Saurabh has been associated with YKA as a user and has consistently been writing on the issue MHM and its intersectionality with other issues in the society. Now as an MHM Fellow with YKA, he’s launched the Right to Period campaign, which aims to ensure proper execution of MHM guidelines in Delhi’s schools.

The long-term aim of the campaign is to develop an open culture where menstruation is not treated as a taboo. The campaign also seeks to hold the schools accountable for their responsibilities as an important component in the implementation of MHM policies by making adequate sanitation infrastructure and knowledge of MHM available in school premises.

Read more about his campaign.

Harshita is a psychologist and works to support people with mental health issues, particularly adolescents who are survivors of violence. Associated with the Azadi Foundation in UP, Harshita became an MHM Fellow with YKA, with the aim of promoting better menstrual health.

Her campaign #MeriMarzi aims to promote menstrual health and wellness, hygiene and facilities for female sex workers in UP. She says, “Knowledge about natural body processes is a very basic human right. And for individuals whose occupation is providing sexual services, it becomes even more important.”

Meri Marzi aims to ensure sensitised, non-discriminatory health workers for the needs of female sex workers in the Suraksha Clinics under the UPSACS (Uttar Pradesh State AIDS Control Society) program by creating more dialogues and garnering public support for the cause of sex workers’ menstrual rights. The campaign will also ensure interventions with sex workers to clear misconceptions around overall hygiene management to ensure that results flow both ways.

Read more about her campaign.

MH Fellow Sabna comes with significant experience working with a range of development issues. A co-founder of Project Sakhi Saheli, which aims to combat period poverty and break menstrual taboos, Sabna has, in the past, worked on the issue of menstruation in urban slums of Delhi with women and adolescent girls. She and her team also released MenstraBook, with menstrastories and organised Menstra Tlk in the Delhi School of Social Work to create more conversations on menstruation.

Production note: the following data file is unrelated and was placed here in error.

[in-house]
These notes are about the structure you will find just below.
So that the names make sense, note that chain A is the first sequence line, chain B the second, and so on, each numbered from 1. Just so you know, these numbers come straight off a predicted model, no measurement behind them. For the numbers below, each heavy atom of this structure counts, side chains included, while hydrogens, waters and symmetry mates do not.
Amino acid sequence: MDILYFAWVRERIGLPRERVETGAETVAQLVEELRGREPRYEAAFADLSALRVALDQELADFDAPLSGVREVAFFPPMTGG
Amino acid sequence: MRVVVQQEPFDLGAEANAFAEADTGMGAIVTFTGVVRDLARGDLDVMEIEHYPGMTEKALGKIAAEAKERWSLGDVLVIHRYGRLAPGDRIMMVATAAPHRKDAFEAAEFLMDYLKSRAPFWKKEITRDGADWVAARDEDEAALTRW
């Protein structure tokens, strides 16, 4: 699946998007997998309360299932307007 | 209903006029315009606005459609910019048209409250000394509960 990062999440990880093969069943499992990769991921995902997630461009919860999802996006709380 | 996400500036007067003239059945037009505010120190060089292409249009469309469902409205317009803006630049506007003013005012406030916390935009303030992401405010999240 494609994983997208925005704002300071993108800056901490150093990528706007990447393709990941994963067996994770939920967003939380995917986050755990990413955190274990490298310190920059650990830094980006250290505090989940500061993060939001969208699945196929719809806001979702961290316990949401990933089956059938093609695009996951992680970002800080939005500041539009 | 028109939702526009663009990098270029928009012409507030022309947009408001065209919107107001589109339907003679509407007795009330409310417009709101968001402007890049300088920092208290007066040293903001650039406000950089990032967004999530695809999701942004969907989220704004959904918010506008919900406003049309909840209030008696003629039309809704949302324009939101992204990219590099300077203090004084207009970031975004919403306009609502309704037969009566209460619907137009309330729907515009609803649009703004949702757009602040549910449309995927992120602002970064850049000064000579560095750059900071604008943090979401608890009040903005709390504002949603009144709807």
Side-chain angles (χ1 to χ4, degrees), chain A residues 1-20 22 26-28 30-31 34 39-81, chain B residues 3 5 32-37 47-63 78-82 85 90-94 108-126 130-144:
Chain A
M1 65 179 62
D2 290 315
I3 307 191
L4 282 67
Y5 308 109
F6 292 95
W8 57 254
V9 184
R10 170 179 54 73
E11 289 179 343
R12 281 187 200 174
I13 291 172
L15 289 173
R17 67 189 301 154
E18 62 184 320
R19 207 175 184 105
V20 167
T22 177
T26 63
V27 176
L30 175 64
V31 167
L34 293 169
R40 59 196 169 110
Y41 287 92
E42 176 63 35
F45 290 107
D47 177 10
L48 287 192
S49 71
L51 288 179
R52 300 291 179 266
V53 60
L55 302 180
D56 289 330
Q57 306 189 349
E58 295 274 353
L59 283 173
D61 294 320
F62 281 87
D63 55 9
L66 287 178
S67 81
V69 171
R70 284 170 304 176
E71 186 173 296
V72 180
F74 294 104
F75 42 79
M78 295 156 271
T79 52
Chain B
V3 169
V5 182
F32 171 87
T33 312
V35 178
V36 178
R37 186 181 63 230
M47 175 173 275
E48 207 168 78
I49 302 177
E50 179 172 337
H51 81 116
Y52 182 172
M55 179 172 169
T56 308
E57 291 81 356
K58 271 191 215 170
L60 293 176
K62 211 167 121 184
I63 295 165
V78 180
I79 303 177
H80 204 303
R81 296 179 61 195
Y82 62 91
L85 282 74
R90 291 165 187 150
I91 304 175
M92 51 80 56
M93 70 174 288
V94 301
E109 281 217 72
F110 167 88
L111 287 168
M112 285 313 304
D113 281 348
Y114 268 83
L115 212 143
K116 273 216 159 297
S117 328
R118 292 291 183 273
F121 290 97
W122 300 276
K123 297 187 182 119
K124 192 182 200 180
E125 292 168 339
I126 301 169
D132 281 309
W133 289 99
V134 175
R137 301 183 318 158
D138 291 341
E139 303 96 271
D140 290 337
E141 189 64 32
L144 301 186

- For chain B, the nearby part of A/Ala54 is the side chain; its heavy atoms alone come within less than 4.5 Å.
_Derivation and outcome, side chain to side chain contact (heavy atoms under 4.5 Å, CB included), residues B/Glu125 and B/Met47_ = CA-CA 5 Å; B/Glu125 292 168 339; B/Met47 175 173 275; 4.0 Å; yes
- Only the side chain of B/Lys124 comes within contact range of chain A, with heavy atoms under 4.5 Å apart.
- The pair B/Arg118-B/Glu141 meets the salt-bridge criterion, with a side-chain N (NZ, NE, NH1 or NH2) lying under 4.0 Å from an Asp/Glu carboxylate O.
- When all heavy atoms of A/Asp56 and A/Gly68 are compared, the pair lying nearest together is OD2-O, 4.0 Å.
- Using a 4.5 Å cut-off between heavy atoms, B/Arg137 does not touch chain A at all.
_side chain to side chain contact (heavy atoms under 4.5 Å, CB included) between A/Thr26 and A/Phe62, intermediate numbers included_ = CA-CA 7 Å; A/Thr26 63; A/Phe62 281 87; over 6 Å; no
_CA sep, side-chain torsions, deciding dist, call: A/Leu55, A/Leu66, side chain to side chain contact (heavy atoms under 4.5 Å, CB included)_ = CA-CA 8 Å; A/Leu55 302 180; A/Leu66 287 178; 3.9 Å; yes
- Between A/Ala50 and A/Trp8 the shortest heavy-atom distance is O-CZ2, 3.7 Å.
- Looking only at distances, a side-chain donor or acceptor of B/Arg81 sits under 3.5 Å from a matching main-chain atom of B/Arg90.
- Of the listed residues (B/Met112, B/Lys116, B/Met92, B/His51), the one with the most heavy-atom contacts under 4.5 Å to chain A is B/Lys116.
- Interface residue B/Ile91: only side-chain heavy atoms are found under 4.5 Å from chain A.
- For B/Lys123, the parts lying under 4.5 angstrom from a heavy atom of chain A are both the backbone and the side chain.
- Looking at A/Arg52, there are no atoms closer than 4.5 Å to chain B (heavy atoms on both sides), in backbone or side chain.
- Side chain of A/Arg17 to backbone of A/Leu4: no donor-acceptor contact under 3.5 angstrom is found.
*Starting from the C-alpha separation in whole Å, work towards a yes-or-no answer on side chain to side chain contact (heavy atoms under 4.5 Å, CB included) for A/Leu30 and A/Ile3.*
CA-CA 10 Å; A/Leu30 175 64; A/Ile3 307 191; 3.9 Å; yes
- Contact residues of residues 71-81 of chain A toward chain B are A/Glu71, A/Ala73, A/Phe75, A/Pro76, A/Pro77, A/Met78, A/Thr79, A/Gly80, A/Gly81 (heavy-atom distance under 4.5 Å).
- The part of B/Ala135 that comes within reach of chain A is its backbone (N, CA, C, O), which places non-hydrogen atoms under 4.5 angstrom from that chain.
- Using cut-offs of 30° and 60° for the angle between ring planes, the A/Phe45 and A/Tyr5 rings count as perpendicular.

With YKA MHM Fellow Vineet, Sabna launched Menstratalk, a campaign that aims to put an end to period poverty and smash menstrual taboos in society. As a start, the campaign aims to begin conversations on menstrual health with five hundred adolescents and youth in Delhi through offline platforms, and through this community mobilise support to create Period Friendly Institutions out of educational institutes in the city.

Read more about her campaign. 

A student from Delhi School of Social work, Vineet is a part of Project Sakhi Saheli, an initiative by the students of Delhi school of Social Work to create awareness on Menstrual Health and combat Period Poverty. Along with MHM Action Fellow Sabna, Vineet launched Menstratalk, a campaign that aims to put an end to period poverty and smash menstrual taboos in society.

As a start, the campaign aims to begin conversations on menstrual health with five hundred adolescents and youth in Delhi through offline platforms, and through this community mobilise support to create Period Friendly Institutions out of educational institutes in the city.

Find out more about the campaign here.

A native of Bhagalpur district – Bihar, Shalini Jha believes in equal rights for all genders and wants to work for a gender-equal and just society. In the past she’s had a year-long association as a community leader with Haiyya: Organise for Action’s Health Over Stigma campaign. She’s pursuing a Master’s in Literature with Ambedkar University, Delhi and as an MHM Fellow with YKA, recently launched ‘Project अल्हड़ (Alharh)’.

She says, “Bihar is ranked the lowest in India’s SDG Index 2019 for India. Hygienic and comfortable menstruation is a basic human right and sustainable development cannot be ensured if menstruators are deprived of their basic rights.” Project अल्हड़ (Alharh) aims to create a robust sensitised community in Bhagalpur to collectively spread awareness, break the taboo, debunk myths and initiate fearless conversations around menstruation. The campaign aims to reach at least 6000 adolescent girls from government and private schools in Baghalpur district in 2020.